Writer: Irene Kelleher
Director: Belinda Wild
Reviewer: Glen Pearce
Fringe offerings frequently tend to verge on the side of comedy and so it is refreshing to see Wild Productions tackle a much more serious offering, with their showing of Mary And Me.
Inspired by real events in rural Ireland in the 1980s, when a 15-year-old girl died after giving birth alone in a grotto, it’s a serious subject, but one that writer Irene Kelleher also manages to impart some humour into.
Kelleher, who also performs, plays Hannah, a teenage school girl who visits the grotto of the Virgin Mary initially to ask for divine assistance with her exams. She admits she’s not your traditional member of the ‘Rosary brigade’, her ‘Hail Marys’ a more direct and more robust plea.
As her visits continue though, Hannah’s conversations become more personal and darker as she begins to confide in Mary. It’s not only a journey from light to dark but also a journey from innocence from a teenager on the start of a sexual awakening.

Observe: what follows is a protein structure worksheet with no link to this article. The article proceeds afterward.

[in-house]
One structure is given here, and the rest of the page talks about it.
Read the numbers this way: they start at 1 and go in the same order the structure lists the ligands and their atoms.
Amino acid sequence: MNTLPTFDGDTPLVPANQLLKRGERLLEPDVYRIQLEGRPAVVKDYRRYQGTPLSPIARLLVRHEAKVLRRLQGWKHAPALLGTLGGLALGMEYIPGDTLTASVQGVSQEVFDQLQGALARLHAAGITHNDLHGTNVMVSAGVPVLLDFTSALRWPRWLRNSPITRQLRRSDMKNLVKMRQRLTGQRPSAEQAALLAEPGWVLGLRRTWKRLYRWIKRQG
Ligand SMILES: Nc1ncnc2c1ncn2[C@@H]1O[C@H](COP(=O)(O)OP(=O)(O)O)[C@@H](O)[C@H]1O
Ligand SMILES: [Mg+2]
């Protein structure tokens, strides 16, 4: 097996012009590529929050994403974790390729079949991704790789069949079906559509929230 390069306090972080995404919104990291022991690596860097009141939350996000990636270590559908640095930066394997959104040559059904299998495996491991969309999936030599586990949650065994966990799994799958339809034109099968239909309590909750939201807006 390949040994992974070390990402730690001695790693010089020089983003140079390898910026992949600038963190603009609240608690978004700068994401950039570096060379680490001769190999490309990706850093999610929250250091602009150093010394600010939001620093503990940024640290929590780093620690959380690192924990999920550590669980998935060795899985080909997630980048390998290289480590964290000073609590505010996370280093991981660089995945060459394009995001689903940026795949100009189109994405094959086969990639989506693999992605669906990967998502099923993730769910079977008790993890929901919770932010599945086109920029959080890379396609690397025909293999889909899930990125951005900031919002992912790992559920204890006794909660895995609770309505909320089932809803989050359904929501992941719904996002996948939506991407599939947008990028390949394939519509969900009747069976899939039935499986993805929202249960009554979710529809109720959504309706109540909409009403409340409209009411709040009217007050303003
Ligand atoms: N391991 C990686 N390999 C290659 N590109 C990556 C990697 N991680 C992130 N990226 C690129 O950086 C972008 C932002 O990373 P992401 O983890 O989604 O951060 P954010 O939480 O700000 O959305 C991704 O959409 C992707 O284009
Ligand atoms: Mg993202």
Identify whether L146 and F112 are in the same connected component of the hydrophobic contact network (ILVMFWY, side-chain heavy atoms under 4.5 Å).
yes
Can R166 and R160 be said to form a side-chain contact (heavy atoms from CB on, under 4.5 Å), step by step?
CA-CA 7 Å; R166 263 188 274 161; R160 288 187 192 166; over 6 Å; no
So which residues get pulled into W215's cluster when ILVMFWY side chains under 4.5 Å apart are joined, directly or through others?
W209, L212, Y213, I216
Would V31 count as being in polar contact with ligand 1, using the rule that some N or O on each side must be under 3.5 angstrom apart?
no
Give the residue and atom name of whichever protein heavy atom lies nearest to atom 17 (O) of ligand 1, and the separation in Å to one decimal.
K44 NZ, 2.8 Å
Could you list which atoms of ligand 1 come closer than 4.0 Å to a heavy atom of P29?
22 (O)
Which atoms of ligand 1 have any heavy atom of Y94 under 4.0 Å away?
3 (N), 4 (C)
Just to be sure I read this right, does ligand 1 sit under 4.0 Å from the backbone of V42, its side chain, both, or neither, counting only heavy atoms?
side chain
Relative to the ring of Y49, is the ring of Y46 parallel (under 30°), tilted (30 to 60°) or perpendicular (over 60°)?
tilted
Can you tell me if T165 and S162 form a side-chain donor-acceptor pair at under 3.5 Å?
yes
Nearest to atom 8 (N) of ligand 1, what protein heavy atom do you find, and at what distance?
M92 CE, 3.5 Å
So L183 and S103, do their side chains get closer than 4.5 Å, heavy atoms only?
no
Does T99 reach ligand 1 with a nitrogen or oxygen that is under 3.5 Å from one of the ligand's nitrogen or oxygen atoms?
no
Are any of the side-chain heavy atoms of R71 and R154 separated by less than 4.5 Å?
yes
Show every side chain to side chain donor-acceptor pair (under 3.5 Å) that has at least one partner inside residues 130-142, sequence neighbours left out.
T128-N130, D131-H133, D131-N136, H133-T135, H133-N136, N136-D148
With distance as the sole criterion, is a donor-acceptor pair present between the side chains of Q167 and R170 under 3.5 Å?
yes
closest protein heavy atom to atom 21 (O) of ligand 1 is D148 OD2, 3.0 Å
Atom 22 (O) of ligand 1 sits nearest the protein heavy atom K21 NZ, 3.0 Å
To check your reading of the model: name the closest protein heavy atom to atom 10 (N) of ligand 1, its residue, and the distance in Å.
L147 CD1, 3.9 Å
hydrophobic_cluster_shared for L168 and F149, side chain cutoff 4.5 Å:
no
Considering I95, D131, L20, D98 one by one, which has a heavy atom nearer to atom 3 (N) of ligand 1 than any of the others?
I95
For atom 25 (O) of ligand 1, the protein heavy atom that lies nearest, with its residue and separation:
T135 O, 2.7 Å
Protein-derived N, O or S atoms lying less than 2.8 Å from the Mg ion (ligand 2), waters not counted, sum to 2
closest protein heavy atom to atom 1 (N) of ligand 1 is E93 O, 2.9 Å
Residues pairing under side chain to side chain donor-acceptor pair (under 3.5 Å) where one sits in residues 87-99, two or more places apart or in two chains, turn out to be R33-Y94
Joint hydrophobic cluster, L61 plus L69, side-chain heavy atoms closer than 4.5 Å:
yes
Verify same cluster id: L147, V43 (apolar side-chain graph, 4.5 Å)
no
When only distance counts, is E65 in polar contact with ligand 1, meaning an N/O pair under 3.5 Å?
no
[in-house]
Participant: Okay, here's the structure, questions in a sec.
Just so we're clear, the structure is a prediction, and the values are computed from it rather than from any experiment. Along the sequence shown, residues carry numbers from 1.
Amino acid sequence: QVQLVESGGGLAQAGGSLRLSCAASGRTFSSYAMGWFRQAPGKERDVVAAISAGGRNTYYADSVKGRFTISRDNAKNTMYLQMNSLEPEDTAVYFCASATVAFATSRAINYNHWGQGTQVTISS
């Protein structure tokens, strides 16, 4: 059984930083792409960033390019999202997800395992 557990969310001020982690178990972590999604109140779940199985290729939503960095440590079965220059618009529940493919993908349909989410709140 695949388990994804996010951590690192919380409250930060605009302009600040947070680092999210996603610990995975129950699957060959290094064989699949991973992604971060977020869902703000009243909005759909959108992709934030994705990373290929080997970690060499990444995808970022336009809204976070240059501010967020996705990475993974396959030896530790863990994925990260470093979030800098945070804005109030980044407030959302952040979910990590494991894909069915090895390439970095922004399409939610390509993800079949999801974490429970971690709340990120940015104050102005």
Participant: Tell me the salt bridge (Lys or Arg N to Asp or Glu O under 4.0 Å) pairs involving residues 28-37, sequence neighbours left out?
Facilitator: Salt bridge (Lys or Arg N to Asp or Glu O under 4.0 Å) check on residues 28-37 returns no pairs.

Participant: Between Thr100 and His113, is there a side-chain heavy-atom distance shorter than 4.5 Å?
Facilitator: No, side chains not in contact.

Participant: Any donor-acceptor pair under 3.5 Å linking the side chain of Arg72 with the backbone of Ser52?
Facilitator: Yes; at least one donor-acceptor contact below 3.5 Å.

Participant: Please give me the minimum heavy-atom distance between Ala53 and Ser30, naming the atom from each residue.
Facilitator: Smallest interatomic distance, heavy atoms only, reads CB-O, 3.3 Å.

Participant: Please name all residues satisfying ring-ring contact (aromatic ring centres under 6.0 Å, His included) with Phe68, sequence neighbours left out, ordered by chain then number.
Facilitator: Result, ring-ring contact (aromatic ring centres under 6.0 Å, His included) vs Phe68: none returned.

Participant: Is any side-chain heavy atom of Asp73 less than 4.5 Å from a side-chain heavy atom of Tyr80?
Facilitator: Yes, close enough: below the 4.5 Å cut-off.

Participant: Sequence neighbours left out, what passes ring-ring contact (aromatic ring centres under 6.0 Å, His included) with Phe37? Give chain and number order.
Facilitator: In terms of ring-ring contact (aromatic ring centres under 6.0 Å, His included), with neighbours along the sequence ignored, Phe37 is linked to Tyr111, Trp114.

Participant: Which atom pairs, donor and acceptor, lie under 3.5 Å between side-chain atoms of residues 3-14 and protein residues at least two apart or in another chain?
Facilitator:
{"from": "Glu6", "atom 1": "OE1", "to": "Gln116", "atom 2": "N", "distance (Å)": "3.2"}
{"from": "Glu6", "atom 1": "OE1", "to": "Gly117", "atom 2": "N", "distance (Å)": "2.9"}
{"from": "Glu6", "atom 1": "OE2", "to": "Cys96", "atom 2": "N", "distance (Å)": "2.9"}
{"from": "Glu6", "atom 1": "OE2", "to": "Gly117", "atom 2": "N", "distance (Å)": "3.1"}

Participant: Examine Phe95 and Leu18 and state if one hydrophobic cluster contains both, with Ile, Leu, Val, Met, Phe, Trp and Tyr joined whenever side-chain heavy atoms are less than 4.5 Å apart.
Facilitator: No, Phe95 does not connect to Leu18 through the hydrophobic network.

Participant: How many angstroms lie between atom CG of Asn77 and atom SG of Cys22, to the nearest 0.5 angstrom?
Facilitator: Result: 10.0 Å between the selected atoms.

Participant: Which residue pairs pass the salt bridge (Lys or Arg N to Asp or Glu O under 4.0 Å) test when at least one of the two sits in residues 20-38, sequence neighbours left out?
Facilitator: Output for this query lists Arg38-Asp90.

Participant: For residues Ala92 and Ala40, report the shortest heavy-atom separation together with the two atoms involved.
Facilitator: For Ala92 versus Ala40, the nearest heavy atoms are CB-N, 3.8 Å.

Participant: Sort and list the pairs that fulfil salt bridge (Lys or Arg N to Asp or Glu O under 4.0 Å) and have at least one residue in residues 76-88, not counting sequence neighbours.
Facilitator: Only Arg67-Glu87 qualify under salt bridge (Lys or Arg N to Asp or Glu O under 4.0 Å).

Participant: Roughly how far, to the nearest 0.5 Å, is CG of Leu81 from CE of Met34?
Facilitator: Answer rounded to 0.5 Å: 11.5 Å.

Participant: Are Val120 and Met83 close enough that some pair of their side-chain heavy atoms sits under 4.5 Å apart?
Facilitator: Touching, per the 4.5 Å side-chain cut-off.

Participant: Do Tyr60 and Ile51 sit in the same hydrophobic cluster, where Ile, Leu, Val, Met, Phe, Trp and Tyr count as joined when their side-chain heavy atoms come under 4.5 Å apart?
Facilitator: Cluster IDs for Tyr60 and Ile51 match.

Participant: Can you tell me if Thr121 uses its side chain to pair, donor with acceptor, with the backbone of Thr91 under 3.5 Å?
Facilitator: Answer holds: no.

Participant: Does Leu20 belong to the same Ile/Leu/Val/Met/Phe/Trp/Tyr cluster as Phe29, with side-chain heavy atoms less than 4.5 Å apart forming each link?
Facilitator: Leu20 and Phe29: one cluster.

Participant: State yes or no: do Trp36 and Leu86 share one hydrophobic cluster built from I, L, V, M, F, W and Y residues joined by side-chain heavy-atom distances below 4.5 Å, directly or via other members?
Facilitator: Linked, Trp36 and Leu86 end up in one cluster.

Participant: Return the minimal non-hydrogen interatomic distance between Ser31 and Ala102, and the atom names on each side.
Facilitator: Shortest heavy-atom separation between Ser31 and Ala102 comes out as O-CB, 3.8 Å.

It’s not easy viewing and as events build towards their climax things become almost too painful to watch. Sure there a moment of levity when, for example, Hannah describes the taunting of the poor male caretaker in an all girl Catholic school, but the climax is like watching an inevitable juggernaut.
Some of the more detailed references may go over the heads of non-Catholic viewers but regardless of faith, it’s a gripping and absorbing one woman show. There’s a feeling that the 70 minute running time is arguably about 10 minutes too long but there is also a counter argument that there is more to discover by this troubled young woman.
A powerful and moving production.
Runs 5-7 May at The Warren Studio 2
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